According to senior earth-space science major Spencer Shroyer, his pathway to get to his final year was an exploration of what he is passionate about. Even though he started at UIndy on the pre-physical therapy track, Shroyer said he did not like the required courses. When discussing future options after dropping his pre-physical therapy minor, Shroyer said he remembered always being a fan of dinosaurs.

“I was a huge dinosaur kid, I would watch a bunch of dinosaur documentaries,” Shroyer said. “One year my dad got me this whole DVD set of dinosaur documentaries, and I would watch them all the time. And I love going to natural history museums. I grew up in Cincinnati and whenever my grandpa would watch me, we’d go there and then we’d spend probably way too long in there. But, my grandpa would sit around while I would look at everything and it was amazing. And so I [thought], ‘I think I really wanna go down the paleontology route.’”

Senior earth-space science major Connor Epler said his passion for his major is also one that has followed him since childhood. Additionally, this new minor implementation adjusted his plans for his senior year, he said.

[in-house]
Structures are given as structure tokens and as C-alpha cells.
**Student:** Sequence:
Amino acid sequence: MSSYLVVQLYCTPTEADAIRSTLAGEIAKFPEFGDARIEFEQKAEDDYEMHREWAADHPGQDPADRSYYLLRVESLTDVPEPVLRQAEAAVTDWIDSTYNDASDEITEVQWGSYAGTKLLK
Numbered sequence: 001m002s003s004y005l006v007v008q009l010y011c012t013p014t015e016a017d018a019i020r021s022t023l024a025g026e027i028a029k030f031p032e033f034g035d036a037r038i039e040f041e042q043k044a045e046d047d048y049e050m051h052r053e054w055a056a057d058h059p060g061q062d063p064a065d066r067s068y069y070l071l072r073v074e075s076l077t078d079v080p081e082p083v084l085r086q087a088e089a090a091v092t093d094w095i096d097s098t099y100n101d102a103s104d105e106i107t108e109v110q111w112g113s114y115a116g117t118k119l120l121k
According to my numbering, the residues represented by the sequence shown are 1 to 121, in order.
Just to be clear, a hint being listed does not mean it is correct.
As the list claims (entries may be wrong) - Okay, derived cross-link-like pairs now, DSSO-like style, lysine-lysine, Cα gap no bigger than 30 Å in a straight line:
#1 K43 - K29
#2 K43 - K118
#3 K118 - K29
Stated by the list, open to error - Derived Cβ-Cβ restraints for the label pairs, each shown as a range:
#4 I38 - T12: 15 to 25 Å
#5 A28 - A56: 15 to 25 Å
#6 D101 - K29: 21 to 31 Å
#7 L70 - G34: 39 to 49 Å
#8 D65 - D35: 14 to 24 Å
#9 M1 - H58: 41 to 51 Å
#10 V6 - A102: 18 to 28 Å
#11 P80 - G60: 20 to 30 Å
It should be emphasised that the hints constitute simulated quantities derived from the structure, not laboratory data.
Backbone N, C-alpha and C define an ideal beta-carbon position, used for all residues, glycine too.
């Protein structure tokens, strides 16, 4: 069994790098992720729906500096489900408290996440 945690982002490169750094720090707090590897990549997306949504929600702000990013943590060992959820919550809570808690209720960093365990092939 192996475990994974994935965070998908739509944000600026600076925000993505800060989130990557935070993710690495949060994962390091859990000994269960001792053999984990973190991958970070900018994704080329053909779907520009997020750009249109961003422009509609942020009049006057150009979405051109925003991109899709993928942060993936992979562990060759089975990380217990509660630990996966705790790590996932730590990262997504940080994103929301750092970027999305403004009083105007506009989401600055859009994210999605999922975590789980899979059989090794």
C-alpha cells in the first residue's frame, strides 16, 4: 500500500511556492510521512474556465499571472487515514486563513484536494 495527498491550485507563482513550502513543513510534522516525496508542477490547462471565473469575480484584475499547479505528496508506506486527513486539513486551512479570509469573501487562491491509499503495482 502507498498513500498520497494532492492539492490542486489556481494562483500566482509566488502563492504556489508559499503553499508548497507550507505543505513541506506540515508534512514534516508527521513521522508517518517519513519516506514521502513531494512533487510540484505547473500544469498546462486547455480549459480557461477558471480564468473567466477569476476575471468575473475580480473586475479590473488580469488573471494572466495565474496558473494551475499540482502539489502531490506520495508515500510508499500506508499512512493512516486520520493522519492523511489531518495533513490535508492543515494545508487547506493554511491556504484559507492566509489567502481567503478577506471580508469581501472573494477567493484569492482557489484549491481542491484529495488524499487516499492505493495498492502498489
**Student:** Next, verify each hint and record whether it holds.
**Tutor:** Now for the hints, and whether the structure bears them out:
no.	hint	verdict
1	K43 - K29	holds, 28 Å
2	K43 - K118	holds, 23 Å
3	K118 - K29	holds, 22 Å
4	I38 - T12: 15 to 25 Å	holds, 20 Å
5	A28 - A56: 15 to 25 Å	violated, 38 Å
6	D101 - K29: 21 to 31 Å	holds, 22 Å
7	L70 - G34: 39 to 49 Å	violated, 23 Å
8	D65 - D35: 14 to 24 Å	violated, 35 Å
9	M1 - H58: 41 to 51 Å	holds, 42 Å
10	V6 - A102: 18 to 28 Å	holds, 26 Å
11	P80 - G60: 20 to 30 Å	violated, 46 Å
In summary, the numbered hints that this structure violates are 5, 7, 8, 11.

“It had a really big effect because I was going to graduate, or at least be done with my major last year in 2023, and I was going to be a part-time student to finish up my senior research throughout this year …” Epler said. “It was a pretty big switch for me and changed my trajectory because I ended up shifting my focus from my research and maybe doing internships to wanting to get this minor and fill that out as well. I’m glad I did because it’s been probably the most enjoyable year of classes that I’ve had so far.”

Senior earth-Space Major Joshua Gamble had a different origin story for deciding his major, he said. Coming to college, he was asked to pick a major, so he picked earth-space science to pursue astronomy, Gamble said. However, Gamble said he took it for the space aspect but fell in love with the rocks and fossils aspect of it, also having to adjust his schedule for the new course requirements for the paleontology minor.